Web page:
Recycled polystyrene for building and construction

Based on the concept of the LIV Village that was founded by Tich and Joan Smith in KwaZulu-Natal in 2001, the new 20,850m² Village of Hope, nearing completion in Kosmos in the North West Province, is being built entirely from a new building and construction method that incorporates recycled polystyrene.

There are over 5-million orphaned and vulnerable children in South Africa, mostly due to HIV/AIDS and poverty, with 12,000 added to this every month. Like the LIV village, the Village of Hope will exist to raise the next generation of leaders in South Africa by placing orphaned and vulnerable children into a family environment with a trained foster mother to love them, a school to educate them, and where all their physical needs are met,” says Hennie Snyman of the Mobile Education and Training Trust (METT).

 Revolutionary building method

The pilot programme, which effectively uses polystyrene which has been separated at source owing to its patented chemical cocktail that neutralises the bacteria contamination, was launched in 2012.

Building with recycled polystyrene offers government a much needed solution for reducing building and construction costs in low-cost housing projects, as well as to the polystyrene recycling industry. It successfully uses and includes coloured and black contaminated polystyrene found in abundance in food packaging applications, including fast food trays, takeaway cups or trays used to package meat and fresh fruit.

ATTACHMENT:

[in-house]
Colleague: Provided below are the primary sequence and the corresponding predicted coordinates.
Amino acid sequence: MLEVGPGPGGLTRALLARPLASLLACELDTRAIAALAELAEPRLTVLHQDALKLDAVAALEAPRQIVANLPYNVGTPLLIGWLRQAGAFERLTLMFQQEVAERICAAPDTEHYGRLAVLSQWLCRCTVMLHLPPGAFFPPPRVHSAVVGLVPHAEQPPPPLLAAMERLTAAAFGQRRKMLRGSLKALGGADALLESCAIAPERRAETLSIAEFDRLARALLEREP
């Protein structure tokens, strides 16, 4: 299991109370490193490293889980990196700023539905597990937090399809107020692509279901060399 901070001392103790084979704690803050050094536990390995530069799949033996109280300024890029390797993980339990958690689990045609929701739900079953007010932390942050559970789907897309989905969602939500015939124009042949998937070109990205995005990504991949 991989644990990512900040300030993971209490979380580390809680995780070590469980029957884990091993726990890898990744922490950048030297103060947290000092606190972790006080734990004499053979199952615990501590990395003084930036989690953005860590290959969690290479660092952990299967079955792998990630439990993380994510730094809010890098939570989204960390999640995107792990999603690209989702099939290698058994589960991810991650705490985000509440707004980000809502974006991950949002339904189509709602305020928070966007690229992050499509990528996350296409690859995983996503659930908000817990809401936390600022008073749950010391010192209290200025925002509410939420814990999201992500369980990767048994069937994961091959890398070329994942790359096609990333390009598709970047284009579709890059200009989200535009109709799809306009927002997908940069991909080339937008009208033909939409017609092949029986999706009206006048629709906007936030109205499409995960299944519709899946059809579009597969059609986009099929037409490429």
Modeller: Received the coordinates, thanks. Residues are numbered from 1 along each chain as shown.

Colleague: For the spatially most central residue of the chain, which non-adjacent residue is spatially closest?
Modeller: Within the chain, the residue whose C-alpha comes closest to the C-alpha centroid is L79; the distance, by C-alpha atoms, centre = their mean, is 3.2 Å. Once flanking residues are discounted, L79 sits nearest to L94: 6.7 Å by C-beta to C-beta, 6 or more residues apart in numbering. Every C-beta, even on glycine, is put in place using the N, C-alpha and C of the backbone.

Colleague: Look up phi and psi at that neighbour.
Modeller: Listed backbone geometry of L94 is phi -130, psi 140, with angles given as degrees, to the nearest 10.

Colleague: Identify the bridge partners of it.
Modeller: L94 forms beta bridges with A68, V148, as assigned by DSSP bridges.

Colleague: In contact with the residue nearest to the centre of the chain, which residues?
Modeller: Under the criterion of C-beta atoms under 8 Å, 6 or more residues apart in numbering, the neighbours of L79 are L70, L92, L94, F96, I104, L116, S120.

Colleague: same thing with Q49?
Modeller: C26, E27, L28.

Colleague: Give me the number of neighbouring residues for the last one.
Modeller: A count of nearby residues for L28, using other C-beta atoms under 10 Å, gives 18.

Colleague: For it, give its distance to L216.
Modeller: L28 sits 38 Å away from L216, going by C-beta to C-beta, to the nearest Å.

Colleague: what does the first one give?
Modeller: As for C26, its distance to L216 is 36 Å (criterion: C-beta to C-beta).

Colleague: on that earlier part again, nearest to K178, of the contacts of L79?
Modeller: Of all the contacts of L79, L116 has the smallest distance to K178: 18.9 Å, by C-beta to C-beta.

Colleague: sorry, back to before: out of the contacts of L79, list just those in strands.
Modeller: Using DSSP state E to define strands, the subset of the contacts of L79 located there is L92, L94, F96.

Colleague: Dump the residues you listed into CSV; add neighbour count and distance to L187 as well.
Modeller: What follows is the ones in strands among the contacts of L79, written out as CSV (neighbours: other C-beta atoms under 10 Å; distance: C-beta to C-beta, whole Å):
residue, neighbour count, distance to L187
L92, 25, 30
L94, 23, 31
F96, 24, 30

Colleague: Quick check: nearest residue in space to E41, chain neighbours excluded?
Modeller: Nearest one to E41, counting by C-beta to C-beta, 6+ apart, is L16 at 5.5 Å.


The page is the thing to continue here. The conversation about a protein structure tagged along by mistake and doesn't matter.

“Until a few years ago, only clear, colourless or white polystyrene was considered to have recycling value. As a result, waste management and recycling companies preferred to only collect and recycle unpigmented containers, while the coloured and black material offered the same excellent insulation qualities and was readily available, but had no viable end-market,” Adri Spangenberg of the Polystyrene Packaging Council (PSPC) explains.

Thanks to Snyman and his team, however, a new globally patented mixture was developed containing all grades and colours of recycled polystyrene, combined with nine different chemicals and cement.

The PSPC plays a facilitation role between end-users of recycled polystyrene and waste management companies to ensure a continued supply of material that will keep up with the demand. Each week large quantities of polystyrene are delivered to the site for recycling primarily by growers, nurseries and plant centres located in Brits and surrounding areas, as far afield as Pretoria, who use expanded polystyrene for their seedling trays.